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Lockheed Martin Corp. v. United States

United States District Court, Fourth Circuit

September 26, 2013

LOCKHEED MARTIN CORPORATION Plaintiff,
v.
UNITED STATES OF AMERICA, Defendant.

MEMORANDUM OPINION

ALEXANDER WILLIAMS, JR., UNITED STATES DISTRICT JUDGE

Pending before the Court is Plaintiff’s Motion to Strike. The Court has reviewed the record and deems a hearing unnecessary. For the following reasons, the Court DENIES Plaintiff’s Motion to Strike.

I. FACTUAL AND PROCEDURAL BACKGROUND

Plaintiff is a Maryland corporation headquartered in Bethesda. Plaintiff alleges that it is a global security and aerospace company that primarily researches, designs, manufactures, integrates, and sustains advanced technology systems and products. Plaintiff further alleges that it makes substantial sales to the United States Government.

Plaintiff has brought this action for a refund of federal income taxes allegedly overpaid in the years 2004 – 2008. Plaintiff basically alleges that the IRS improperly applied various tax credits, deductions, and exclusions. The minimum amount Plaintiff seeks to recover is $16, 157, 226.

Plaintiff filed a Complaint in December 2012 and an Amended Complaint in May 2013. Doc. Nos. 1, 16. Defendant has answered. Doc. No. 17. In its Answer, under the heading “Second Defense, ” Defendant states:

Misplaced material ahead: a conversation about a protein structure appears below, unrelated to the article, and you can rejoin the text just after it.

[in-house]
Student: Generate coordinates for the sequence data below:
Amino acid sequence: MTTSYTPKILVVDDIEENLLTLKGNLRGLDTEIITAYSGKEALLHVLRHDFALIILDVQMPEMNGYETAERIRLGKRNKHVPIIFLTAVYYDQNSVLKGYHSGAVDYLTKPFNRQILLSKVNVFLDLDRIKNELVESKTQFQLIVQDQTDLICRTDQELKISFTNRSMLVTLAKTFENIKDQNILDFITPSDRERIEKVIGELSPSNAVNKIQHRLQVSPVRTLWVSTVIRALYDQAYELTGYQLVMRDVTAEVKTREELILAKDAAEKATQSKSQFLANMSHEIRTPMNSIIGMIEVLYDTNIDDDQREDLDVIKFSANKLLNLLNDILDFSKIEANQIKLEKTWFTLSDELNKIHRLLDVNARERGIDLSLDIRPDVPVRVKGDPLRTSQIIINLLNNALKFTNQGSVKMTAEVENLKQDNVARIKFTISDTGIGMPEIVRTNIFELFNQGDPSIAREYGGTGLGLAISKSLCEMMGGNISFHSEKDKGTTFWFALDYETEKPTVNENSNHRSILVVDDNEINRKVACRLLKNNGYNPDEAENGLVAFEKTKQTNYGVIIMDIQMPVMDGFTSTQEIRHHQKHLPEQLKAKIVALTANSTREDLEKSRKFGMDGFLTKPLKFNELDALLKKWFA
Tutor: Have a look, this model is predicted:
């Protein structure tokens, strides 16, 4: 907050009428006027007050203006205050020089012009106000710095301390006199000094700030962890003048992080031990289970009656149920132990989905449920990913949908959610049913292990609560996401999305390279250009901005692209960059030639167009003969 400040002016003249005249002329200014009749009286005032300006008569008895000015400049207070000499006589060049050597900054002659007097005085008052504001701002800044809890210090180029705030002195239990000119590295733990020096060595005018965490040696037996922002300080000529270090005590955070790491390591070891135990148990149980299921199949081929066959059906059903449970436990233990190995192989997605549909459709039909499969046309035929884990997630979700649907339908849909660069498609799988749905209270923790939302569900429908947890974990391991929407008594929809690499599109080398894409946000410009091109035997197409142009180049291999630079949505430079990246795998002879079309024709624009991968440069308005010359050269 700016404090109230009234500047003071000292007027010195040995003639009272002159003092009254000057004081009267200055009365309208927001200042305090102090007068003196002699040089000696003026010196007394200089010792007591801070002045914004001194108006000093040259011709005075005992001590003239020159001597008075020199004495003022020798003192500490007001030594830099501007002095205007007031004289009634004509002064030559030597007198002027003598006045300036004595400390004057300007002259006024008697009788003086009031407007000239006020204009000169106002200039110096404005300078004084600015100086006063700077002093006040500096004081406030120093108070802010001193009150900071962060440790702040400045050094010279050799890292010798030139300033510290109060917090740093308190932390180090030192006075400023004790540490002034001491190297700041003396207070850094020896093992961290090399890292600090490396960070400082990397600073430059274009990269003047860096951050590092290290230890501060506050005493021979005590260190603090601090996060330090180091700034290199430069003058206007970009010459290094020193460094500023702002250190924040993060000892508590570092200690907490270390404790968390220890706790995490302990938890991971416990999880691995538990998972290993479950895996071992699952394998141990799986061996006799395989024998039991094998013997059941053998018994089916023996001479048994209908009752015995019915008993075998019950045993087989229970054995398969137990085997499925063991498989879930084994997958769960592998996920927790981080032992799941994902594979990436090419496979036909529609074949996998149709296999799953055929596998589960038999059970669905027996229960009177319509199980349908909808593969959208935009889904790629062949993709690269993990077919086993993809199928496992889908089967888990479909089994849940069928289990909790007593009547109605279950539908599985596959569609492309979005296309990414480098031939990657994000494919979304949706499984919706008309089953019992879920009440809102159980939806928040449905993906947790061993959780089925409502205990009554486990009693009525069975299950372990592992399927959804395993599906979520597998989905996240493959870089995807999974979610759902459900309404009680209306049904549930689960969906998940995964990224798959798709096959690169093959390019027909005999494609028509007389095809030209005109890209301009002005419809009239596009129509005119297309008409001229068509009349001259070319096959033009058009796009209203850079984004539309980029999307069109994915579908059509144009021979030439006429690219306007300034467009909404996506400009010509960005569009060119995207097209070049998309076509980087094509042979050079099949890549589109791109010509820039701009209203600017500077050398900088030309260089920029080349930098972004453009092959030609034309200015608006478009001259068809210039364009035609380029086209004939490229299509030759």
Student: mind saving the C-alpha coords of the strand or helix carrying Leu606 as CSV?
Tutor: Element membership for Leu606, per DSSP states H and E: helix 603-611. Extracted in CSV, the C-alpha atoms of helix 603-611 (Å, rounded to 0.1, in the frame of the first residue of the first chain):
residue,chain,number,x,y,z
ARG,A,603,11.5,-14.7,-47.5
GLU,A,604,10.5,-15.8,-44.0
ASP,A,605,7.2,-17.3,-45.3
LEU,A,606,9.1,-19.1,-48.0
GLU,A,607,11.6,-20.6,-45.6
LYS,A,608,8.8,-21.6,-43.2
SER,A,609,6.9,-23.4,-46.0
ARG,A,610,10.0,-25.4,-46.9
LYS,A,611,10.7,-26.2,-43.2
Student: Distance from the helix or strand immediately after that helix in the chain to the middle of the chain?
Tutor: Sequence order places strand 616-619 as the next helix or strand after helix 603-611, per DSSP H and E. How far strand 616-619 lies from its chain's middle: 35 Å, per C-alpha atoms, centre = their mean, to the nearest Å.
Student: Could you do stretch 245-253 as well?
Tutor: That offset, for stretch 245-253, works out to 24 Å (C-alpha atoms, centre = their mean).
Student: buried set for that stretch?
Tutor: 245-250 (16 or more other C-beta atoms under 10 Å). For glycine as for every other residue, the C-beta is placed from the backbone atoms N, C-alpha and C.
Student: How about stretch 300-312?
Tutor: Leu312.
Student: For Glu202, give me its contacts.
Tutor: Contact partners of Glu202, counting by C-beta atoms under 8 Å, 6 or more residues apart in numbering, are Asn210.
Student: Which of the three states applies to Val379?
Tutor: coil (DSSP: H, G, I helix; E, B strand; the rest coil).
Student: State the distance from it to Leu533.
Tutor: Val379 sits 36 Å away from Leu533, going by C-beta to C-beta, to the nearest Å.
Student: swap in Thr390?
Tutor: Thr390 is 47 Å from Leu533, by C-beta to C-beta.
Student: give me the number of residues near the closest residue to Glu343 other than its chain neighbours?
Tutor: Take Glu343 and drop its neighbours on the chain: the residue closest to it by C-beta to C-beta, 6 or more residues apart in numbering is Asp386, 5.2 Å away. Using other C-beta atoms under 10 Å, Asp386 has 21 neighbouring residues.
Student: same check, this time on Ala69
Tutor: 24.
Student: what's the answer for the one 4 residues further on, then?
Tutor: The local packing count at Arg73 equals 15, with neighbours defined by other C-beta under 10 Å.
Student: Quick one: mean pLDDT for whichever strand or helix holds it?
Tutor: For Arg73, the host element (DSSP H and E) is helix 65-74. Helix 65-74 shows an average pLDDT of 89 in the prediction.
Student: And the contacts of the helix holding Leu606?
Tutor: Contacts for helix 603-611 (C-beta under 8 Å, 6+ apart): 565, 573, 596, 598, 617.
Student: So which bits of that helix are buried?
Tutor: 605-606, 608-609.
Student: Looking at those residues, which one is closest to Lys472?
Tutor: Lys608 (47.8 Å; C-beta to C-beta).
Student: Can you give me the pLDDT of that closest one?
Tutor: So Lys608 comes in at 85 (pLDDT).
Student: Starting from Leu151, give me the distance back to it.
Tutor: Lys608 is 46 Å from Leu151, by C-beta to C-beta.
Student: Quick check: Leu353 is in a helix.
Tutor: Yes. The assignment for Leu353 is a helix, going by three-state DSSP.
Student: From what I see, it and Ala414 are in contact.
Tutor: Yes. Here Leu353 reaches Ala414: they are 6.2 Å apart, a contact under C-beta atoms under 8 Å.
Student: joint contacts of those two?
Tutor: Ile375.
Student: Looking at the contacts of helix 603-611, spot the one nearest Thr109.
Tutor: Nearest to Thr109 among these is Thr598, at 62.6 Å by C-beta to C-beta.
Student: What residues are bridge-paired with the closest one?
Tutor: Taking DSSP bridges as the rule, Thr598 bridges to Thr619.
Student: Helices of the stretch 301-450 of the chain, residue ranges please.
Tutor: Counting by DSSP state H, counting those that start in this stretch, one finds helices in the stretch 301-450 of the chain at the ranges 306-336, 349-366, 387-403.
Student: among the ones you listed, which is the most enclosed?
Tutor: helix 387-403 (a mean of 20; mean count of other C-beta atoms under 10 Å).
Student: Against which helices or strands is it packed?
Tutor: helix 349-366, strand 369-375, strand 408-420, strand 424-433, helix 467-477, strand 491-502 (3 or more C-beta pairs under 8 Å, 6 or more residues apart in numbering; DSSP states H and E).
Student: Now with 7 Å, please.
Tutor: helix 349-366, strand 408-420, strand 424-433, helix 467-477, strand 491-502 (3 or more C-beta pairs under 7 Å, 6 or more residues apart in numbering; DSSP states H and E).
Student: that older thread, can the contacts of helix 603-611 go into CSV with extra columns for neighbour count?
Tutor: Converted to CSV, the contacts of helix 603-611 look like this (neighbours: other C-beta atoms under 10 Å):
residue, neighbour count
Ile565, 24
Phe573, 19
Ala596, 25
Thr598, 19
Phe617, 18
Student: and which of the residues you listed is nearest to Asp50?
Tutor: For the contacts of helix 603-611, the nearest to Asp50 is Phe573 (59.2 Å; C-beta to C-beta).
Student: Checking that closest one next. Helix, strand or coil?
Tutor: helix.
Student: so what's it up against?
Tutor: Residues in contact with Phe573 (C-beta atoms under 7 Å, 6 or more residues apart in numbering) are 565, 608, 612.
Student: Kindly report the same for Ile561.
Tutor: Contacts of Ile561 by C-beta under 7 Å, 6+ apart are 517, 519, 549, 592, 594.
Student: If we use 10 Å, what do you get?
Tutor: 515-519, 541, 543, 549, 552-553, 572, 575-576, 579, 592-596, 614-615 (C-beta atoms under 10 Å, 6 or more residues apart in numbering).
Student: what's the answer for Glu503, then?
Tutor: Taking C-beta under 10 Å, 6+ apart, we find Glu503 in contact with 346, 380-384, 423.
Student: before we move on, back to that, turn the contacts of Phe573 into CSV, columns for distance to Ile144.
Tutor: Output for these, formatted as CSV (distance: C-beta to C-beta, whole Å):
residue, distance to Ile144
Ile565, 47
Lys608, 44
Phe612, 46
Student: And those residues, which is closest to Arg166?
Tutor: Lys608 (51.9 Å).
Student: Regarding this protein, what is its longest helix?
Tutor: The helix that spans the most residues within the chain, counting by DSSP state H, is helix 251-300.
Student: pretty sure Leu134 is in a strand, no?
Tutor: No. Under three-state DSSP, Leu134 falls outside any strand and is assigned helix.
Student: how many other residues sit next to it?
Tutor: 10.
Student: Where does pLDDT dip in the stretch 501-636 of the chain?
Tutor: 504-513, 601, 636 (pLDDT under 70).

Should the Court determine that Plaintiff raised a meritorious argument that would otherwise establish that Plaintiff overpaid its taxes, the United States is entitled to reduce that overpayment based on any additional tax liabilities that the Plaintiff may owe, whether or not previously assessed or alleged. The United States is entitled to such reduction because the redetermination of the Plaintiff’s entire federal income tax liability for the litigated tax years is at issue in this refund suit.

Doc. No. 17 at 1 (citations omitted).

On June 10, 2013, Plaintiff filed a Motion to Strike Defendant’s Second Affirmative Defense (“Motion to Strike”). Doc. No. 19. Plaintiff generally argues that the pleading standards enunciated in Twombly and Iqbal apply to affirmative defenses and that the United States’ Second Defense is a facially implausible legal conclusion. The United States filed a Response on June 24, 2013. Doc. No. 25. The United States generally argues that its Second Defense is not a true affirmative defense and that Twombly and Iqbal do not apply to affirmative defenses.

II. STANDARD OF REVIEW

“Federal Rule of Civil Procedure 12(f) permits a district court, on motion of a party, to “‘order stricken from any pleading any insufficient defense.’” Waste Mgmt. Holdings, Inc. v. Gilmore, 252 F.3d 316, 347 (4th Cir. 2001) (quoting Fed.R.Civ.P. 12(f)). “Rule 12(f) motions are generally viewed with disfavor because striking a portion of a pleading is a drastic remedy and because it is often sought by the movant simply as a dilatory tactic.” Id. (citation and internal quotation marks omitted). The decision whether to strike an affirmative defense is discretionary and courts generally refrain from striking affirmative defenses absent a showing that not doing so would unfairly prejudice the movant. See Certain Underwriters at Lloyd’s, London v. R.J. Wilson & Assocs., Ltd., Civil No. CCB–11–1809, 2012 WL 2945489, at *5 (D. Md. July 17, 2012) (citations omitted).

III. LEGAL ANALYSIS

A. Whether Twombly and Iqbal Apply to Affirmative Defenses

Plaintiff’s argument that the Court should strike Defendant’s Second Defense as insufficient proceeds from the premise that the pleading standards announced in Twombly and Iqbal generally apply to affirmative defenses. Although Defendant argues that the Court need not resolve this question to ...


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